It will be years before the full effects of California’s four-year drought emerge and are understood, but, according to a recent study, workers in the agriculture sector are already suffering from the drought’s economic impact. University of California Davis research estimates 18,000 jobs have been lost because of the drought, putting added pressure on families already struggling to make ends meet.
Ironically, among landscaping companies, the drought actually fueled extraordinary job growth in California due to rebates for turf removal. However, now that those funds have been exhausted, landscape workers also are being hit by significant drought-related job losses.
In response, the U.S. Department of Labor has announced up to $18 million in federal funding to create temporary jobs in 24 counties in Central and Northern California hardest hit by the drought through National Dislocated Worker Grants.
The grant will employ as many as 1,000 workers for up to six months. Workers will remove dead foliage to prevent potential fires and mudslides; other work will include renovating and repairing public facilities damaged by the sustained drought.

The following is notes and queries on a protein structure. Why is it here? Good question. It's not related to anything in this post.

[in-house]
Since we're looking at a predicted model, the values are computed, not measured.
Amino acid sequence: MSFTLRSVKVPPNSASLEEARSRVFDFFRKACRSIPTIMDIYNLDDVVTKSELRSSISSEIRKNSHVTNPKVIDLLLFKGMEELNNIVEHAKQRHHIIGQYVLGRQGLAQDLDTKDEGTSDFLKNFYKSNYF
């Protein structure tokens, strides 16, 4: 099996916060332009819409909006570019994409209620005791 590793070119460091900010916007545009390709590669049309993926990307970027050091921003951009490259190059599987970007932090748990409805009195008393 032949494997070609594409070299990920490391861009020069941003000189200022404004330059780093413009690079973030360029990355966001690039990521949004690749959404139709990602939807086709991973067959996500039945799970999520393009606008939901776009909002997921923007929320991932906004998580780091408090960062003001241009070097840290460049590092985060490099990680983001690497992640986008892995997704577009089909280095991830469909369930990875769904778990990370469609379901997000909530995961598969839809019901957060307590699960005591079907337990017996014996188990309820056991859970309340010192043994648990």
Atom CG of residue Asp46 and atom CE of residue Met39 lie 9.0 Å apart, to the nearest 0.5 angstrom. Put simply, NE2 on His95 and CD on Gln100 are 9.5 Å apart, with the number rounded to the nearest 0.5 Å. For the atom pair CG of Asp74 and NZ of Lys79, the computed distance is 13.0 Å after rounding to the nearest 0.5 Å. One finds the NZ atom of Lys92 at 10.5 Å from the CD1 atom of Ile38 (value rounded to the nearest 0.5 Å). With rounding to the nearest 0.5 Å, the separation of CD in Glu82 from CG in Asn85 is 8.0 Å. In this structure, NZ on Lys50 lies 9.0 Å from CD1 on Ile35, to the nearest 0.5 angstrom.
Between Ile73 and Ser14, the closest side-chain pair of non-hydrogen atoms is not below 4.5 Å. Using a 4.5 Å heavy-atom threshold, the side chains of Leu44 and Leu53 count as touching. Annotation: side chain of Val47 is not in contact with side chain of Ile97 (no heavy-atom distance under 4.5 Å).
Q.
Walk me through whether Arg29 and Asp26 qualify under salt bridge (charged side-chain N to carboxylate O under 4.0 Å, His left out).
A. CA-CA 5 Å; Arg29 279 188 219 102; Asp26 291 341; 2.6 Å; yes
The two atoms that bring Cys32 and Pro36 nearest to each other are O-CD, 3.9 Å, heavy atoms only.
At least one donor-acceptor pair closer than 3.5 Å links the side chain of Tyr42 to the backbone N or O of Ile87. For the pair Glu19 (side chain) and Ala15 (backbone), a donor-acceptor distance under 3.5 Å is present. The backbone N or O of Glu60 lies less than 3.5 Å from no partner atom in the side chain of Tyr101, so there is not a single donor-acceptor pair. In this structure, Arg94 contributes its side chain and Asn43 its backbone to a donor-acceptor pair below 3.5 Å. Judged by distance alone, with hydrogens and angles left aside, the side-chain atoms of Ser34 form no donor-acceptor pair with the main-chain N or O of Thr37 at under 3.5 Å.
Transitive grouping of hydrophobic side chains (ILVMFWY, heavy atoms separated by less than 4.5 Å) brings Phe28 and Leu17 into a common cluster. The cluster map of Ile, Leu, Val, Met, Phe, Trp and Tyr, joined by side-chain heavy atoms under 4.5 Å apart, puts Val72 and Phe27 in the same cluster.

“For so many in California’s growing regions, water has been their livelihood for generations,” U.S. Secretary of Labor Thomas E. Perez said in a statement. “Without it, growth – both the natural growth of living things and of the local economy – slows to a standstill. For those whose ability to provide for their families is most immediately affected by the drought, this funding will provide much-needed temporary employment.”
Terrianne Brown, assistant director of the Northern Rural Training and Employment Consortium, told the San Francisco Chronicle that in order to qualify, workers must reside in a drought-affected area, have a right to work in the United States, show they have been either unemployed or underemployed because of the drought or live in a household whose income has been reduced because of the drought.